Q&A: How this wearable gives independence to patients with motor neurone diseases

The rise of wearable devices has brought about a change in the way patients manage their health and conditions on a day-to-day basis. However, whilst conditions such as diabetes and COPD are regularly targeted by the industry, alongside general quality of life products, rarer diseases are harder to cater for.  Now, this digital health company is wanting to help patients with Locked-In syndrome gain a new sense of independence. The team at EyeControl have developed what they’re calling the first wearable eye-tracking device for patients with Locked-In syndrome, which is commonly associated with motor neurone diseases (MND) such as ALS, stroke and traumatic brain injury. Here, Digital Health Age sits down with CEO and co-founder of EyeControl, Or Retzkin to discuss the device and where the inspiration came from to help Locked-In patients.

 

EyeControl is one of the first devices I’ve seen designed for “Locked-In” patients. Where did the idea and inspiration for the device come from?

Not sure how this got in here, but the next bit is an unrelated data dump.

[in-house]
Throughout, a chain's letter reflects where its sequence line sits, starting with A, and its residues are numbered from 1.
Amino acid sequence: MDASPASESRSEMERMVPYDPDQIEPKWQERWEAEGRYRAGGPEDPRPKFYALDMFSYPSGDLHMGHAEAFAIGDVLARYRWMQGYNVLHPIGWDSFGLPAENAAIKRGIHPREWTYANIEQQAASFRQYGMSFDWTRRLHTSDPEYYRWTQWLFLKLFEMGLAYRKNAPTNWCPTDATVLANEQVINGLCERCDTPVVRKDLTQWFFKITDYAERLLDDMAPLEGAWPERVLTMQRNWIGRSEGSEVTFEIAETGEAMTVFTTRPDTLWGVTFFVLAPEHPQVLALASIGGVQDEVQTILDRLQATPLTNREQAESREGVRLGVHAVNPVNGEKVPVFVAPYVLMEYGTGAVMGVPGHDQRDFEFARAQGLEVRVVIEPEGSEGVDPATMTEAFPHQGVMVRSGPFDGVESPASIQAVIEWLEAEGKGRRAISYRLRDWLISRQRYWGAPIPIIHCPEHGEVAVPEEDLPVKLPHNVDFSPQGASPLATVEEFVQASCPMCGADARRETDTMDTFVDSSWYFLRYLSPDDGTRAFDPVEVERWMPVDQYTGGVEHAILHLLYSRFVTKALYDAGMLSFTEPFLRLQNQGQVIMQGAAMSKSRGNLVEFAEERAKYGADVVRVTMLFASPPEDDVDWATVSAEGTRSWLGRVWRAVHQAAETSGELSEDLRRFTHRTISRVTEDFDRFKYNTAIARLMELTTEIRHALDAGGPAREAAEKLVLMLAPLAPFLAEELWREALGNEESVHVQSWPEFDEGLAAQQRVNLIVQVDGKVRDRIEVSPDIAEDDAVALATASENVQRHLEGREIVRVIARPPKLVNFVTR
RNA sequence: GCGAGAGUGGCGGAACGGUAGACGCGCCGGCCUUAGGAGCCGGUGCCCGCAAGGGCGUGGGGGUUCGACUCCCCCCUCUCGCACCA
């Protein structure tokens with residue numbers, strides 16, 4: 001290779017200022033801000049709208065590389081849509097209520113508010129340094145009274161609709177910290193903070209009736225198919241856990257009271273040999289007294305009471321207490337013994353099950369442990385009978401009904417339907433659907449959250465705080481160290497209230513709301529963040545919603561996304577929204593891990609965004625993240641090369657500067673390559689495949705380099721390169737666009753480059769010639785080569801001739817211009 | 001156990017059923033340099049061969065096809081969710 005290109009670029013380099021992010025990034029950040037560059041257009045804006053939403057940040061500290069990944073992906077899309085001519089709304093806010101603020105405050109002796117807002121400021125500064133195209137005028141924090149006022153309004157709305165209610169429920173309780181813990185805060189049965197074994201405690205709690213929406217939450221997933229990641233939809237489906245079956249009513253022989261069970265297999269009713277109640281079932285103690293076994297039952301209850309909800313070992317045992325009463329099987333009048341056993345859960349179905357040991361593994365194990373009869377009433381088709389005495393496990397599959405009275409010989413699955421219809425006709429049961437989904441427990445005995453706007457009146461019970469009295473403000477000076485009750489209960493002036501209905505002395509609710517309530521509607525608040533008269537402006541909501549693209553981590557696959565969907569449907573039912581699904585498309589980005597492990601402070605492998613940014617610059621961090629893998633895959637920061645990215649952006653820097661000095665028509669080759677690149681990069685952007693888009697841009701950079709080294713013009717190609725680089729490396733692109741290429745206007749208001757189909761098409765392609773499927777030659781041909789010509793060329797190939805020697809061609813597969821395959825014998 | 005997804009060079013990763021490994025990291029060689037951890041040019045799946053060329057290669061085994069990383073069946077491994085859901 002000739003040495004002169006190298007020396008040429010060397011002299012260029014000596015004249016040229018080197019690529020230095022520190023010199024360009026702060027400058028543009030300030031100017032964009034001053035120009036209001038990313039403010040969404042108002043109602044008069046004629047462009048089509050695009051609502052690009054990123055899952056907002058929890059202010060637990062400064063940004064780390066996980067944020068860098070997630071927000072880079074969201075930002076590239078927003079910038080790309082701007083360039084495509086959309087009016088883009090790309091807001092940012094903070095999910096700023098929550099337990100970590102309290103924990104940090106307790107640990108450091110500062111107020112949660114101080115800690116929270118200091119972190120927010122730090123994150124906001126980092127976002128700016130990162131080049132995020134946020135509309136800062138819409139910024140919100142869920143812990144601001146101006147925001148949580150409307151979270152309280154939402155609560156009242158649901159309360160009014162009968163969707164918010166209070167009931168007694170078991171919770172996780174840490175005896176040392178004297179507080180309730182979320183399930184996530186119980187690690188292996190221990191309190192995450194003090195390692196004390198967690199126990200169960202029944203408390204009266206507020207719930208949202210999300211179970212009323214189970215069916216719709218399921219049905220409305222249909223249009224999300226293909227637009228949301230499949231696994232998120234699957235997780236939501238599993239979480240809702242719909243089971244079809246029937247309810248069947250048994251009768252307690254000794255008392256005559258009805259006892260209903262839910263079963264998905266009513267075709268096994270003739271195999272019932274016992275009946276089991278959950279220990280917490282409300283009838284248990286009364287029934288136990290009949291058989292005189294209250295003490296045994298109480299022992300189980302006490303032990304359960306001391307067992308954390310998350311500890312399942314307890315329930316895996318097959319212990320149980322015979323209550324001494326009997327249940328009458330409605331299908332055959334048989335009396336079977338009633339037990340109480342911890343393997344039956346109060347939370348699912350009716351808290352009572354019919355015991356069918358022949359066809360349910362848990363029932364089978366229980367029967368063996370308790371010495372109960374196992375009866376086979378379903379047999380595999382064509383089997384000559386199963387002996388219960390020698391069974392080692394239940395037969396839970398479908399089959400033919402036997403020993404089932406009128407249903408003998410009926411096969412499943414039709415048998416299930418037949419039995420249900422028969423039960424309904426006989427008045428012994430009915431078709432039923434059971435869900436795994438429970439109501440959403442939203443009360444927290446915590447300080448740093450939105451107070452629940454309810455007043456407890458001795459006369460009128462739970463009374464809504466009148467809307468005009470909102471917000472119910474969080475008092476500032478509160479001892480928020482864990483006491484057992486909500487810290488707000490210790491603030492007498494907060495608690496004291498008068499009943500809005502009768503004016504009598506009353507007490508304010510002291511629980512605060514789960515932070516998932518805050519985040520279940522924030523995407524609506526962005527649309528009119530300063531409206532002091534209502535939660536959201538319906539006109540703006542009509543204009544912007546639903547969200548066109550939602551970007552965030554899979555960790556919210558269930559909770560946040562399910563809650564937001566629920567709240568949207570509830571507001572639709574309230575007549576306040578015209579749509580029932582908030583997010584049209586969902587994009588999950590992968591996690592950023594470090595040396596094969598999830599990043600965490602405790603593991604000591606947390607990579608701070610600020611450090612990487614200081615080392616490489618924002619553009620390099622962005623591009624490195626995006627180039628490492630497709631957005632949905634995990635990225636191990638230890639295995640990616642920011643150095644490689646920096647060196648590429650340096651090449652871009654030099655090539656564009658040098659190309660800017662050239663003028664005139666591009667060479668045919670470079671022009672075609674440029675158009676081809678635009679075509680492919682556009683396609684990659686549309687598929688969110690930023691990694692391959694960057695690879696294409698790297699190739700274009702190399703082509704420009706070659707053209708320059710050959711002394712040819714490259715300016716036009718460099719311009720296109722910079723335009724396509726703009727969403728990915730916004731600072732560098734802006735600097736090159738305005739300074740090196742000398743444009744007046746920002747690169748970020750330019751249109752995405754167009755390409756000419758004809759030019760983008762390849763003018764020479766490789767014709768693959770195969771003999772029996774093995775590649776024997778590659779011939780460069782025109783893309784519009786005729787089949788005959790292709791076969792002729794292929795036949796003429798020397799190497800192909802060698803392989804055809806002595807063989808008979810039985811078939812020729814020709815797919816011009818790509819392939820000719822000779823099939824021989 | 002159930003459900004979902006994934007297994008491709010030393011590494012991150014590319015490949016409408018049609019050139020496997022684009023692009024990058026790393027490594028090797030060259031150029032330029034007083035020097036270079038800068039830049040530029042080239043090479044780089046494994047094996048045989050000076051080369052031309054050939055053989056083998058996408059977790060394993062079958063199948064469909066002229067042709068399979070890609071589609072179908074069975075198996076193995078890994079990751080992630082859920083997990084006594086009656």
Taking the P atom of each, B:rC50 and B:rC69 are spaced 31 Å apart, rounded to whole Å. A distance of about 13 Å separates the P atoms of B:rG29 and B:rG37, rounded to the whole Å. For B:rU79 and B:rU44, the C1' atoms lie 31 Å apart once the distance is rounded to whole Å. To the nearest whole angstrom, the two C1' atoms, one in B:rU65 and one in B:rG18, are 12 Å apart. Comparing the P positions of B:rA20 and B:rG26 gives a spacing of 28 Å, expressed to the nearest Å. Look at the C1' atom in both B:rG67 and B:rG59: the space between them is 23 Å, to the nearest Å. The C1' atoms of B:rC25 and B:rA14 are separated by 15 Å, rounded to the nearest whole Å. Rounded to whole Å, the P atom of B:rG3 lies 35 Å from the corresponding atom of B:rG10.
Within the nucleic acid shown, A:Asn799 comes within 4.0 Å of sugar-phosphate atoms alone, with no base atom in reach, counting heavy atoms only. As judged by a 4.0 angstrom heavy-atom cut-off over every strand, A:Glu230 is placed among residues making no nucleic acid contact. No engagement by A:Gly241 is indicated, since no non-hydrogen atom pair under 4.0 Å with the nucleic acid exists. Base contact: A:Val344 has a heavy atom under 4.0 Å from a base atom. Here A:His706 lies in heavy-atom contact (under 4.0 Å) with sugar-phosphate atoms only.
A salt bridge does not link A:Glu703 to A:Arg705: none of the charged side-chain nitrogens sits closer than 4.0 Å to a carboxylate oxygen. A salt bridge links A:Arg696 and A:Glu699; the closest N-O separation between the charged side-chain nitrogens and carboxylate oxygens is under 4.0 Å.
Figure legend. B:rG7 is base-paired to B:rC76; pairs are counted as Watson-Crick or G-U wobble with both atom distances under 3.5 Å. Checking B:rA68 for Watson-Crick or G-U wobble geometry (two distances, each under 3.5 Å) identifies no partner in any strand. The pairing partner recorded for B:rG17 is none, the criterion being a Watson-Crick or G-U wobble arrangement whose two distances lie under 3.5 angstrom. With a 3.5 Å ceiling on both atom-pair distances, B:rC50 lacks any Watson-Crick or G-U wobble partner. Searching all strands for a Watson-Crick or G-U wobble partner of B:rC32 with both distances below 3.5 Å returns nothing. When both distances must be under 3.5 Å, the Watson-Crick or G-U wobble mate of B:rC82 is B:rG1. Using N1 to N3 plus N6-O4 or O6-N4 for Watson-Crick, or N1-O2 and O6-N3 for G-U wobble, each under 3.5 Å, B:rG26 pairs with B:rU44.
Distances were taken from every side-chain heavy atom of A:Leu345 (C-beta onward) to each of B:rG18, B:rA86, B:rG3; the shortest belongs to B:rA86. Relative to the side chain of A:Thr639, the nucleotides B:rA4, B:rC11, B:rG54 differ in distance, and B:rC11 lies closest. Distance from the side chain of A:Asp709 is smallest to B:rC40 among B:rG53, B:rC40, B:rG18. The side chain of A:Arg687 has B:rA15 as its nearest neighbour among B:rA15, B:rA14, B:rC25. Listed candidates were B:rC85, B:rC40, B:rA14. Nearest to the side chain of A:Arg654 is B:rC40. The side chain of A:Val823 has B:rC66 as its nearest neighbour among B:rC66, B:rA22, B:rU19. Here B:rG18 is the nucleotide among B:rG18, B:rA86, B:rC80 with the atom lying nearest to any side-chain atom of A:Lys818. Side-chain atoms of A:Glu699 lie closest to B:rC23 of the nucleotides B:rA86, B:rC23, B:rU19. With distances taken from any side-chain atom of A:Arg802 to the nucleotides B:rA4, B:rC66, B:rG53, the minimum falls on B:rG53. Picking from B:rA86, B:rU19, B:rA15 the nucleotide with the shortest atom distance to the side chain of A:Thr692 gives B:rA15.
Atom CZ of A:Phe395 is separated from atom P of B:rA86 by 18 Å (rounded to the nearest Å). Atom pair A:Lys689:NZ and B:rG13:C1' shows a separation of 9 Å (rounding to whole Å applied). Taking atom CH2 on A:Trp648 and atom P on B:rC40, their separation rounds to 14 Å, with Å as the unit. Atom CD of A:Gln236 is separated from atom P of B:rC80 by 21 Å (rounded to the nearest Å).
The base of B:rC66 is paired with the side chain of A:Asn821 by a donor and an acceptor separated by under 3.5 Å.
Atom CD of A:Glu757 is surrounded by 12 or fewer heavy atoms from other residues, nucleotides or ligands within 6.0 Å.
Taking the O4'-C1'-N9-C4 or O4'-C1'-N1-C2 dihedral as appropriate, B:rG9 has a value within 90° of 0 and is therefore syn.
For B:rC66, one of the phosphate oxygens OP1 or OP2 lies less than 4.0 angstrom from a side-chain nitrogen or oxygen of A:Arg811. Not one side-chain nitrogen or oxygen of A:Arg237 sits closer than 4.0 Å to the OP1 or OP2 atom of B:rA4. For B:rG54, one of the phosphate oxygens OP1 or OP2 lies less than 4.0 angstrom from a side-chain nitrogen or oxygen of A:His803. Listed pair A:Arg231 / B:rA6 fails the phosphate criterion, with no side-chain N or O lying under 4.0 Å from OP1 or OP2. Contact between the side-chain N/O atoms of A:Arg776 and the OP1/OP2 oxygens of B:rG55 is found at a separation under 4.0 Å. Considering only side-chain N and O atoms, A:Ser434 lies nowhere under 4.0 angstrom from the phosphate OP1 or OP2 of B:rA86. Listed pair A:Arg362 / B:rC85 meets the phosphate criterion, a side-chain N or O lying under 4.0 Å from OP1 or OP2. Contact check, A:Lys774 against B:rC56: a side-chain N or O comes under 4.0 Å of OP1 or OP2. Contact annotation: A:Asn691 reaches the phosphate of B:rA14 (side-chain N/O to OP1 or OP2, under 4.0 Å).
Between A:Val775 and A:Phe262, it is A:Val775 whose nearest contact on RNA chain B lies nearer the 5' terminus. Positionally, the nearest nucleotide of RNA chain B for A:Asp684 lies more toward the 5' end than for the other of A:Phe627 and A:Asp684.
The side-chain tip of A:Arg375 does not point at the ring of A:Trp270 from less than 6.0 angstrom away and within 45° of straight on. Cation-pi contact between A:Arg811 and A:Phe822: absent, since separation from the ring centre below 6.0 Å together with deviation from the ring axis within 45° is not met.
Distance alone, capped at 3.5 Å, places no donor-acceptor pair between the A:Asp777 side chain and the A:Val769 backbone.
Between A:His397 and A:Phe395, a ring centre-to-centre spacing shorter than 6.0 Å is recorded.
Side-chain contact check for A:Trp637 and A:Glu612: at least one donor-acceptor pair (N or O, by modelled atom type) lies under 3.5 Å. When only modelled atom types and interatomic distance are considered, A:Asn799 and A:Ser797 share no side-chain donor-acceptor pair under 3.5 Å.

The company was established in January 2016, but the idea was formed long before that, when a group of individuals with a personal connection to “locked-in” patients came together to create a communication solution.

I myself have witnessed the effects of this debilitating syndrome after my grandmother was diagnosed with ALS many years ago. Everyone involved in the company has their own personal story and experience with locked-in syndrome and for that reason we have a strong passion for improving the quality of life for locked-in patients. We want to advance the method of communication within medical centres by providing a wearable, screen free and simple to use communication device.

 

Could you explain how EyeControl works and what the learning curve is like for users?

A head-mounted infrared camera tracks the eye movements and sends the information to a small processing unit which translates the movements into communication.

The bone conduction component provides audio feedback to the user before the communication is transmitted to the output speaker or connected Bluetooth device, all without the need for a screen. The device does not obstruct the view so patients can maintain eye contact while communicating and the user may change the gender or language of the audio menu and the external voice. Additionally, the patient can use predefined sentences or teach the EyeControl personalised syntax.

 

How important is it for patients with ‘Locked-In” syndrome to retain a sense of independence and what’s the response been like from patients when using EyeControl?

Communication is freedom and as our late visionary co-founder, Shay Rishoni said “It’s not easy being an ALS patient, but the most critical struggle is the struggle to communicate. Communication is a life saver.”